A Model for Predicting Outcomes of Sexual Harassment Complaints by Race and Gender

  • Harsh K. LutharEmail author
  • Jasmine Tata
  • Eileen Kwesiga


Organizational scholars have studied the impact of sex on sexual harassment outcomes but left unexplored the influences of race. Thus, we use social identity theory to explore the role of race stereotypes and their influences on sexual harassment outcomes. We posit that stereotypes of African-American women tend to be much more negative than those of white women and this serves to marginalize their position both as victims of sexual harassment as well as complainants.

Key words

race gender sexual harassment outcomes stereotypes 


  1. Abrahms, D., & Hogg, M. A. (1988). Comments on the motivational status of self-esteem in social identity and intergroup discrimination. European journal of Social Psychology, 18, 317–334.CrossRefGoogle Scholar
  2. Adams, J. H. (1997). Sexual harassment and Black women: A historical perspective. In W. O’Donohue (Ed.) Sexual harassment: Theory, research, and treatment. Boston: Allyn & Bacon.Google Scholar
  3. Allport, G. W. (1954). The nature of prejudice. Reading, MA, USA: Addison-Wesley.Google Scholar
  4. Bagby, R. M., & Rector, N. A. (1992). Prejudice in a simulated legal context: A further application of social identity theory. European Journal of Social Psychology, 22, 397–406.CrossRefGoogle Scholar
  5. Banaji, M. R., & Greenwald, A. G. (1995). Implicit social cognition: Attitudes, self-esteem, and stereotypes. Psychological Review, 10, 4.Google Scholar
  6. Baugh, S. G., & Graen, G. B. (1997). Effects of team gender and racial composition on perceptions of team performance in cross-functional teams. Group and Organization Management, 22, 366–383.CrossRefGoogle Scholar
  7. Bell, E. L. (1992). Myths, stereotypes, and realities of black women: A personal reflection. Journal of Applied Behavioral Science, 28, 363–376.CrossRefGoogle Scholar
  8. Bell, E. L., Denton, C., & Nkomo, S. M. (1993). Women of color in management: Toward and inclusive analysis. In L. Larwood, & B. Gutek (Eds.) Women in management: Trends, issues, and challenges (Women and Work, vol. 4). Newbury Park, CA, USA: Sage.Google Scholar
  9. Bemmels, B. (1988a). The effects of grievant’s gender on arbitrators’ decisions. Industrial & Labor Relations Review, 41(2), 251–262.CrossRefGoogle Scholar
  10. Bemmels, B. (1988b). Gender effects in discipline arbitration. Academy of Management Journal, 31(3), 699–706.CrossRefGoogle Scholar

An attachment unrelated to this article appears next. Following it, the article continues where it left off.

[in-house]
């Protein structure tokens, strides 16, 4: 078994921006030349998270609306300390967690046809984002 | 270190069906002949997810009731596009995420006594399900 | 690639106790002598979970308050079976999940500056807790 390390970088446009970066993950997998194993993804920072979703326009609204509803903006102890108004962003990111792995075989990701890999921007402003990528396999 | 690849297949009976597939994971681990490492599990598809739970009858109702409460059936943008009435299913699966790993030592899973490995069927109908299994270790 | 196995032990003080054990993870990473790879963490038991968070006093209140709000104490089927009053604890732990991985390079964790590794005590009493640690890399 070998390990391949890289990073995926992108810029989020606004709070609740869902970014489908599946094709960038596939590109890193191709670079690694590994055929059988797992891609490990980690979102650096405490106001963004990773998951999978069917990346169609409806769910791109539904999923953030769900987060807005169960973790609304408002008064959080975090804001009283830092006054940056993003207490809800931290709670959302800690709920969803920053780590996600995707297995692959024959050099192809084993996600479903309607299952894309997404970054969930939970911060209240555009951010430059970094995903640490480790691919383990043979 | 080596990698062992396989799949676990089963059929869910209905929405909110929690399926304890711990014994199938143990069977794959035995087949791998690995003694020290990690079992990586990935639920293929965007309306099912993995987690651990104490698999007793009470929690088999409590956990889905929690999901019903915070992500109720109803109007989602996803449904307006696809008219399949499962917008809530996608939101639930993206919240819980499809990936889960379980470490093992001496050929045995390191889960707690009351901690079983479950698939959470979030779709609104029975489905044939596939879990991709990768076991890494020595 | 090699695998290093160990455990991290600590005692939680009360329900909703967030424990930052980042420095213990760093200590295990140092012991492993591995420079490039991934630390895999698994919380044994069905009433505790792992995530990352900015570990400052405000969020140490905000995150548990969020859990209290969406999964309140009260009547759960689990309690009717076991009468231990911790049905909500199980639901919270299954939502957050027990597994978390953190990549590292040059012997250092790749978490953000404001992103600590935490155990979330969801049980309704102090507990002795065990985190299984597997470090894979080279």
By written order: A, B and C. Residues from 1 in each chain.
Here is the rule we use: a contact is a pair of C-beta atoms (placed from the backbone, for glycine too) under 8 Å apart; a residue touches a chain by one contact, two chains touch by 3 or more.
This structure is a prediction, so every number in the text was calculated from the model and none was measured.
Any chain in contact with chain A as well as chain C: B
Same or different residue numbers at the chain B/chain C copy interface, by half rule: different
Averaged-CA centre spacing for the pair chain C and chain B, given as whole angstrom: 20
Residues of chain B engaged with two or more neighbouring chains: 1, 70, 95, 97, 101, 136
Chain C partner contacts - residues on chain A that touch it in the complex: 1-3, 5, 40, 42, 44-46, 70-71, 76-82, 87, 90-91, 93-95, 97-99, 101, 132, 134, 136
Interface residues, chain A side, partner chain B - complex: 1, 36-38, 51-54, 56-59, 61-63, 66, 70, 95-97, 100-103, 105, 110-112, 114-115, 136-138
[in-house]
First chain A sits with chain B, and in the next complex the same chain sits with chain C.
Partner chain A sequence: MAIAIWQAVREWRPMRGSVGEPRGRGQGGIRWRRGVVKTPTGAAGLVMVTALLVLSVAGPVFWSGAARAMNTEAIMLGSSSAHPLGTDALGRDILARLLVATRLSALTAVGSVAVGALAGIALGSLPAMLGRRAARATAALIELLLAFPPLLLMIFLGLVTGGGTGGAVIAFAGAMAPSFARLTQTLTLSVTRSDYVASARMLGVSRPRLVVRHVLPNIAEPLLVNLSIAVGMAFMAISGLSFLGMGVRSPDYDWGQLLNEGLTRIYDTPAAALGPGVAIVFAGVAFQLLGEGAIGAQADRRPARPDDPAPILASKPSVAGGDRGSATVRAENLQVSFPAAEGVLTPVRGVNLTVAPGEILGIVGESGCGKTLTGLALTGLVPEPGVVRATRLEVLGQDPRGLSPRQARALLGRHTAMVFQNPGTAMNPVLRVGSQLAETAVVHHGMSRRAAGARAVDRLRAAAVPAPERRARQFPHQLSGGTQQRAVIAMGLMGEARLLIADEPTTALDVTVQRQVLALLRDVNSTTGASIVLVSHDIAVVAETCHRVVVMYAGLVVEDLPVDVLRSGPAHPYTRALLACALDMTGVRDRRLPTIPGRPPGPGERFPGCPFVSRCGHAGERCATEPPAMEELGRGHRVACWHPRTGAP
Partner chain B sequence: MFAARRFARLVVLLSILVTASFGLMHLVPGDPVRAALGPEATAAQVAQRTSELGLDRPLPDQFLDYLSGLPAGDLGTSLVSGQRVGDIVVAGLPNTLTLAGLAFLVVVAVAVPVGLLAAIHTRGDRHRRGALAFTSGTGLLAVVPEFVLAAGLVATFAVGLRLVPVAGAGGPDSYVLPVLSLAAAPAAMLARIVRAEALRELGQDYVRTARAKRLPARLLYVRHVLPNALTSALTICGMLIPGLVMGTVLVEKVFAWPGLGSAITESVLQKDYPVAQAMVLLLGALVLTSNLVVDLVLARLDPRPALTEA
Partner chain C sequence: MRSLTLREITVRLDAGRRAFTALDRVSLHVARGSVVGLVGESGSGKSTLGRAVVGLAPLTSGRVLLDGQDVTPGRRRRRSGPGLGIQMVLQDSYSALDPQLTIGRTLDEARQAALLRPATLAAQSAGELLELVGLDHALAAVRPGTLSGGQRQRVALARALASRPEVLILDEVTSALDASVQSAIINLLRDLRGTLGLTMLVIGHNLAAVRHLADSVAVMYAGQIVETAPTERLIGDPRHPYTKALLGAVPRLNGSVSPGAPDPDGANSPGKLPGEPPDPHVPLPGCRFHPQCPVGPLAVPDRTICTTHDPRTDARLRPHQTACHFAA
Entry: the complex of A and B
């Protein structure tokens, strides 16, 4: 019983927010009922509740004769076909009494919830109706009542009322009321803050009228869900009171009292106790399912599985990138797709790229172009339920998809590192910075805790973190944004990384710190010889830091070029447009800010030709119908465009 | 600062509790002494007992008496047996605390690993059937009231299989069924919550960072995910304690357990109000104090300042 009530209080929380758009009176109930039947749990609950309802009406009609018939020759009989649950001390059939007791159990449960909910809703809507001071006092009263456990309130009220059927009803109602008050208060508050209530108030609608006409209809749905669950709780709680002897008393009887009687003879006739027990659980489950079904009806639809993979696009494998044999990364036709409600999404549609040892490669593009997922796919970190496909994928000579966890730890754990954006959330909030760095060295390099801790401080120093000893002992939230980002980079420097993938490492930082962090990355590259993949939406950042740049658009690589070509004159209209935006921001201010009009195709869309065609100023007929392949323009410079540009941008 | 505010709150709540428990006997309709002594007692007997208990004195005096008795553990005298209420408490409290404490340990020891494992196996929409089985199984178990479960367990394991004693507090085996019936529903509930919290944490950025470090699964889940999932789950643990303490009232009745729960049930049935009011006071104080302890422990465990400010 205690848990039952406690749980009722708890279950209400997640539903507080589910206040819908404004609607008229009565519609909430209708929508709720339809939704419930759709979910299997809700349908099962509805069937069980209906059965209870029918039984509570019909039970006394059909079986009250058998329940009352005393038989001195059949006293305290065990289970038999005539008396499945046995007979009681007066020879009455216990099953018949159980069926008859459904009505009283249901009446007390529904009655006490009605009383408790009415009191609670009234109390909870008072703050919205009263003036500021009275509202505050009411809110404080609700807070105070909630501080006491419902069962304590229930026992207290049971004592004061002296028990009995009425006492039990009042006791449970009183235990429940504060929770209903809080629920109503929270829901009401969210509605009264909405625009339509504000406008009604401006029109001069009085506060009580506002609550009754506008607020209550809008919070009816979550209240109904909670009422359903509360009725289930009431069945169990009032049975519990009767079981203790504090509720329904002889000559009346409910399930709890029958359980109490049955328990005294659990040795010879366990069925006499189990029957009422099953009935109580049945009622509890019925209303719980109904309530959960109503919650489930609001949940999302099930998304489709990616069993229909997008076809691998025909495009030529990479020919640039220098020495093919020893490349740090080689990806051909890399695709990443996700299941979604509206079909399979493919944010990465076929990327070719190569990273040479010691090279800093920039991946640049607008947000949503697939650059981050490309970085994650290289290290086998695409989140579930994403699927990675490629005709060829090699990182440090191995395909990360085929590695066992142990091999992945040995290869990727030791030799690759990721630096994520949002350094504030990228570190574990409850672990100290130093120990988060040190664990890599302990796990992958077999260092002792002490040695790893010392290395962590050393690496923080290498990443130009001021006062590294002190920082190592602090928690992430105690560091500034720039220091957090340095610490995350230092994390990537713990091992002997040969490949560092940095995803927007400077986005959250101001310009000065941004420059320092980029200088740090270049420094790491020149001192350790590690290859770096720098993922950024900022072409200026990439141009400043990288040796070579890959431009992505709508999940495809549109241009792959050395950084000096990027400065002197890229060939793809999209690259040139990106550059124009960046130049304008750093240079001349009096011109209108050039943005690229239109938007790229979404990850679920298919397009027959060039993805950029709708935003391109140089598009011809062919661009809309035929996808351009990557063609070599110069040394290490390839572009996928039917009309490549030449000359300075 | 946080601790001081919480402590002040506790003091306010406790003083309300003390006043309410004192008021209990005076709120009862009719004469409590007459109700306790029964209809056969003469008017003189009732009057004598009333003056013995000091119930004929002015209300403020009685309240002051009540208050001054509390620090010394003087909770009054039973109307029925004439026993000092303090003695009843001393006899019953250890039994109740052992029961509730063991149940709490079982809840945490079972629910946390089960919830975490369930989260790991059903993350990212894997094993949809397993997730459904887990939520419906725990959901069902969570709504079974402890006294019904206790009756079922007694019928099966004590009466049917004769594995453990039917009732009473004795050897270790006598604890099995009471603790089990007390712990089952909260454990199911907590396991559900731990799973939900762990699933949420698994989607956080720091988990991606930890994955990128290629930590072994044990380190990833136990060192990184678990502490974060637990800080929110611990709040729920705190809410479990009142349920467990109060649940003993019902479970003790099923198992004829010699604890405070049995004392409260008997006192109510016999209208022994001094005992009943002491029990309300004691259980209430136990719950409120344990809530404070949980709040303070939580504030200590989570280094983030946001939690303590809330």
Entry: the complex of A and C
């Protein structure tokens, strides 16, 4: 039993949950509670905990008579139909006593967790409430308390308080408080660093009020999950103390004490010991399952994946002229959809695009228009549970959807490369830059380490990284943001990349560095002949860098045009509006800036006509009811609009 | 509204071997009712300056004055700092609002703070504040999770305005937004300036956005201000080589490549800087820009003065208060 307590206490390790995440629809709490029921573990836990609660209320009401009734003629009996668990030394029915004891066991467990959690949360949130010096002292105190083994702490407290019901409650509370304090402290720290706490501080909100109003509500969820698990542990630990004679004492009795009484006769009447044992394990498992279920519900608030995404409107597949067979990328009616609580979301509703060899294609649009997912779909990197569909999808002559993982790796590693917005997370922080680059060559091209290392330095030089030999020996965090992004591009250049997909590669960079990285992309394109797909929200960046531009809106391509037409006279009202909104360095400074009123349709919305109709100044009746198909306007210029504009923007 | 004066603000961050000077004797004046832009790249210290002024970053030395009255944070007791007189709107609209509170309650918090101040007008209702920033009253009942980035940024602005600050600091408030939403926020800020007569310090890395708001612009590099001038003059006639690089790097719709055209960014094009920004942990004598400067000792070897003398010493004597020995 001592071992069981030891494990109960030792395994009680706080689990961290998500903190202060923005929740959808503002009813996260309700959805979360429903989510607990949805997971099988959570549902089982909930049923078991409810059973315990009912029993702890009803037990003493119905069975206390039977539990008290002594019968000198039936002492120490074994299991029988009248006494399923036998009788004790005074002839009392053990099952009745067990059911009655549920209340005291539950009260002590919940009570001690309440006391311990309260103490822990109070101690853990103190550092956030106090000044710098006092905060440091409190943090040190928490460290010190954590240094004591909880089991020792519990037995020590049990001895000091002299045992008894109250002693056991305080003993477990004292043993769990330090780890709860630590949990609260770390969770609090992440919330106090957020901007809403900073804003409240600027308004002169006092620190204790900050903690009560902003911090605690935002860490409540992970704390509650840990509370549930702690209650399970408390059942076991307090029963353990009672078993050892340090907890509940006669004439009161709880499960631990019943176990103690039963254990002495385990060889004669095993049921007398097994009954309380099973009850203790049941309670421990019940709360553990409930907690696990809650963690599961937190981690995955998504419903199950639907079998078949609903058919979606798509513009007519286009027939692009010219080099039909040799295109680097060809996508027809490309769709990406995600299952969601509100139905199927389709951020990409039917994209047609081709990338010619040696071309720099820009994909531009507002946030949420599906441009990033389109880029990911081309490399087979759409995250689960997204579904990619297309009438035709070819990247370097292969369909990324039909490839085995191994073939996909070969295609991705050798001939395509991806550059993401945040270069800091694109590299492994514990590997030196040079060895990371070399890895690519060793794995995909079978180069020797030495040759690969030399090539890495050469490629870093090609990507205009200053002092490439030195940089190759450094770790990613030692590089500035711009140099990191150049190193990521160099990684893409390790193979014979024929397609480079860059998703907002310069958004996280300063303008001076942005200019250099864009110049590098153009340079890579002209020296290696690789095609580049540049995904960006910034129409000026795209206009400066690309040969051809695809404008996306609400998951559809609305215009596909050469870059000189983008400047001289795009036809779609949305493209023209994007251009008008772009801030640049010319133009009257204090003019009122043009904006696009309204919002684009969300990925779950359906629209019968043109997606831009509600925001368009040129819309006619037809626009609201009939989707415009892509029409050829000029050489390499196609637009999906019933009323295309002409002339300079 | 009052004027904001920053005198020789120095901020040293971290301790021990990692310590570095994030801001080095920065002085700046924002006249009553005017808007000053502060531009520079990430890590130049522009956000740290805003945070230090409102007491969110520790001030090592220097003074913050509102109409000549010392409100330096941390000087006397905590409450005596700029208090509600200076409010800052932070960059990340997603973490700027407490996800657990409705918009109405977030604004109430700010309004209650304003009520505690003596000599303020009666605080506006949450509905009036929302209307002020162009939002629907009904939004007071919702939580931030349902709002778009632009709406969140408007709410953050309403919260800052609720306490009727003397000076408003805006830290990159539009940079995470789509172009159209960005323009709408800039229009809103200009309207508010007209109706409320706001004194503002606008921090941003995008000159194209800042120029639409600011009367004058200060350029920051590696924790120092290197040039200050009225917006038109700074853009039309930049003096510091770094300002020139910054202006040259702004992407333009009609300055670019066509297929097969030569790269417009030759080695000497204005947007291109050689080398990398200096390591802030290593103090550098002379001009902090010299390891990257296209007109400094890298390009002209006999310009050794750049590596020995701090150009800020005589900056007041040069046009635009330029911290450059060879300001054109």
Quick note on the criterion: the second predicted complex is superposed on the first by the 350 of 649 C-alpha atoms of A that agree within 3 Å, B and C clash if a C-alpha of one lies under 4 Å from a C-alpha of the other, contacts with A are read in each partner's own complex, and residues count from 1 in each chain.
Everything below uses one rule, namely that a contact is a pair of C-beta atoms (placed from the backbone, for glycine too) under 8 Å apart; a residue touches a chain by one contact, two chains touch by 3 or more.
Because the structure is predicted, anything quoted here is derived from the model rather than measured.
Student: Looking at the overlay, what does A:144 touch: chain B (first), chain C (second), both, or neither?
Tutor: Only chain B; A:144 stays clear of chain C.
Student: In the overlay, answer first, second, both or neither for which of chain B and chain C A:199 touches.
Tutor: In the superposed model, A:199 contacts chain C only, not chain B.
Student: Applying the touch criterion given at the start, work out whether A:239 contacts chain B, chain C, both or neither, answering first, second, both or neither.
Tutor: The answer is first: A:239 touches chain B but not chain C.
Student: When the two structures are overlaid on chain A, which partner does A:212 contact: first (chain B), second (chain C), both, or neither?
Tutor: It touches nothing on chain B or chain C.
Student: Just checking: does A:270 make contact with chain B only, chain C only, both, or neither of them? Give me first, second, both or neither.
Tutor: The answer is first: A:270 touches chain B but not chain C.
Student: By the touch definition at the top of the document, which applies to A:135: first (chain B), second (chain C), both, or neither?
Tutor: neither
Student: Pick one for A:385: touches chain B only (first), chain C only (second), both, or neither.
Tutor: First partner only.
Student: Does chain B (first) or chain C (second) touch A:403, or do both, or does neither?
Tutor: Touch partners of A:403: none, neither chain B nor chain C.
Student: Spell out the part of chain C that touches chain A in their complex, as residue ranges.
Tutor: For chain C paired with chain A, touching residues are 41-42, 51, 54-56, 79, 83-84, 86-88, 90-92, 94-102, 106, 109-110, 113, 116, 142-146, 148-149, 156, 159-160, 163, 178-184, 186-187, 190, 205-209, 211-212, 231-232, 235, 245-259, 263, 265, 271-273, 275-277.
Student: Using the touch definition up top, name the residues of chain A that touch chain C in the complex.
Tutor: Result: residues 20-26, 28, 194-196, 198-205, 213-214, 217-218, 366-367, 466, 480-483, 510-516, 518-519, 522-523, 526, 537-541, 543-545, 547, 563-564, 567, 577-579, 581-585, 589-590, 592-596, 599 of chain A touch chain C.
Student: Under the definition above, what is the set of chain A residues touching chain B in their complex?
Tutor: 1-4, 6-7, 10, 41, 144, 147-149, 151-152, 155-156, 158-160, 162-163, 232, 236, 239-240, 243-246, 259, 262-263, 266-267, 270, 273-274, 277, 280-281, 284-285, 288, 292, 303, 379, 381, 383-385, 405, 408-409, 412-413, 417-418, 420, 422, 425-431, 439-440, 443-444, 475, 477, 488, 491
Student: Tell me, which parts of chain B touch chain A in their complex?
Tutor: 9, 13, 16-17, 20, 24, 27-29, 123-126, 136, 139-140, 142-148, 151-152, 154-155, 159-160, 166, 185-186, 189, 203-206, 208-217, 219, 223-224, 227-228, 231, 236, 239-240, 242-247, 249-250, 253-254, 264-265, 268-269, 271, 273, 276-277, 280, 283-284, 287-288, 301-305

11. Bemmels, B. (1988c). Gender Effects in Discharge Arbitration. Industrial and Labor Relations Review, 42(1), 63–76.CrossRefGoogle Scholar
  12. Bigoness, W. J., & DuBose, P. B. (1985). Effects of gender on arbitrators’ decisions. Academy of Management Journal, 28, 485–491.CrossRefGoogle Scholar
  13. Bless, H., Schwarz, N., Bodenhausen, G. V., & Thiel, L. (2001). Personalized versus generalized benefits of stereotype disconfirmation: Trade-offs in the evaluation of atypical exemplars and their social groups. Journal of Experimental Social Psychology, 37, 386.CrossRefGoogle Scholar
  14. Chatman, J. A., Polzer, J. T., Barsade, S. G., & Neale, M. A. (1998). Being different yet feeling similar: The influence of demographic composition and organizational culture on work processes and outcomes. Administrative Science Quarterly, 43, 749–780.CrossRefGoogle Scholar
  15. Chattopadhyay, P. (1999). Beyond direct and symmetrical effects: The influence of demographic dissimilarity on organizational citizenship behavior. Academy of Management Journal, 42, 273–287.CrossRefGoogle Scholar
  16. Chattopadhyay, P., George, E., & Lawrence, S. A. (2004a). Why does dissimilarity matter? Exploring self-categorization, self-enhancement, and uncertainty reduction. Journal of Applied Psychology, 89, 892.CrossRefGoogle Scholar
  17. Chattopadhyay, P., Tluchowska, M., & George, E. (2004b). Identifying the ingroup: A closer look at the influence of demographic dissimilarity on employee social identity. The Academy of Management Review, 29, 180.Google Scholar
  18. Collins, P. H. (1990). Black feminist thought: Knowledge, consciousness, and the politics of empowerment. Boston: Irwin Hyman.Google Scholar
  19. Coon, H. M., & Kemmelmeier, M. (2001). Cultural orientations in the United States: Re(Examining) differences among ethnic groups. Journal of Cross-Cultural Psychology, 32, 348–364.CrossRefGoogle Scholar
  20. Cortina, L. M. (2001). Assessing sexual harassment among Latinas: Development of an Instrument. Cultural Diversity & Ethnic Minority Psychology, 7, 164–181.CrossRefGoogle Scholar
  21. Cox Jr., T. (1993). Cultural diversity in organizations. Theory, research, and practice. San Francisco, CA, USA: Berret-Koehler.Google Scholar
  22. Crenshaw, K. (1992). Whose story is it, anyway? Feminist and antiracist appropriations of Anita Hill. In Rac-ing justice, en-gendering power (pp. 200–214). New York: Pantheon Books.Google Scholar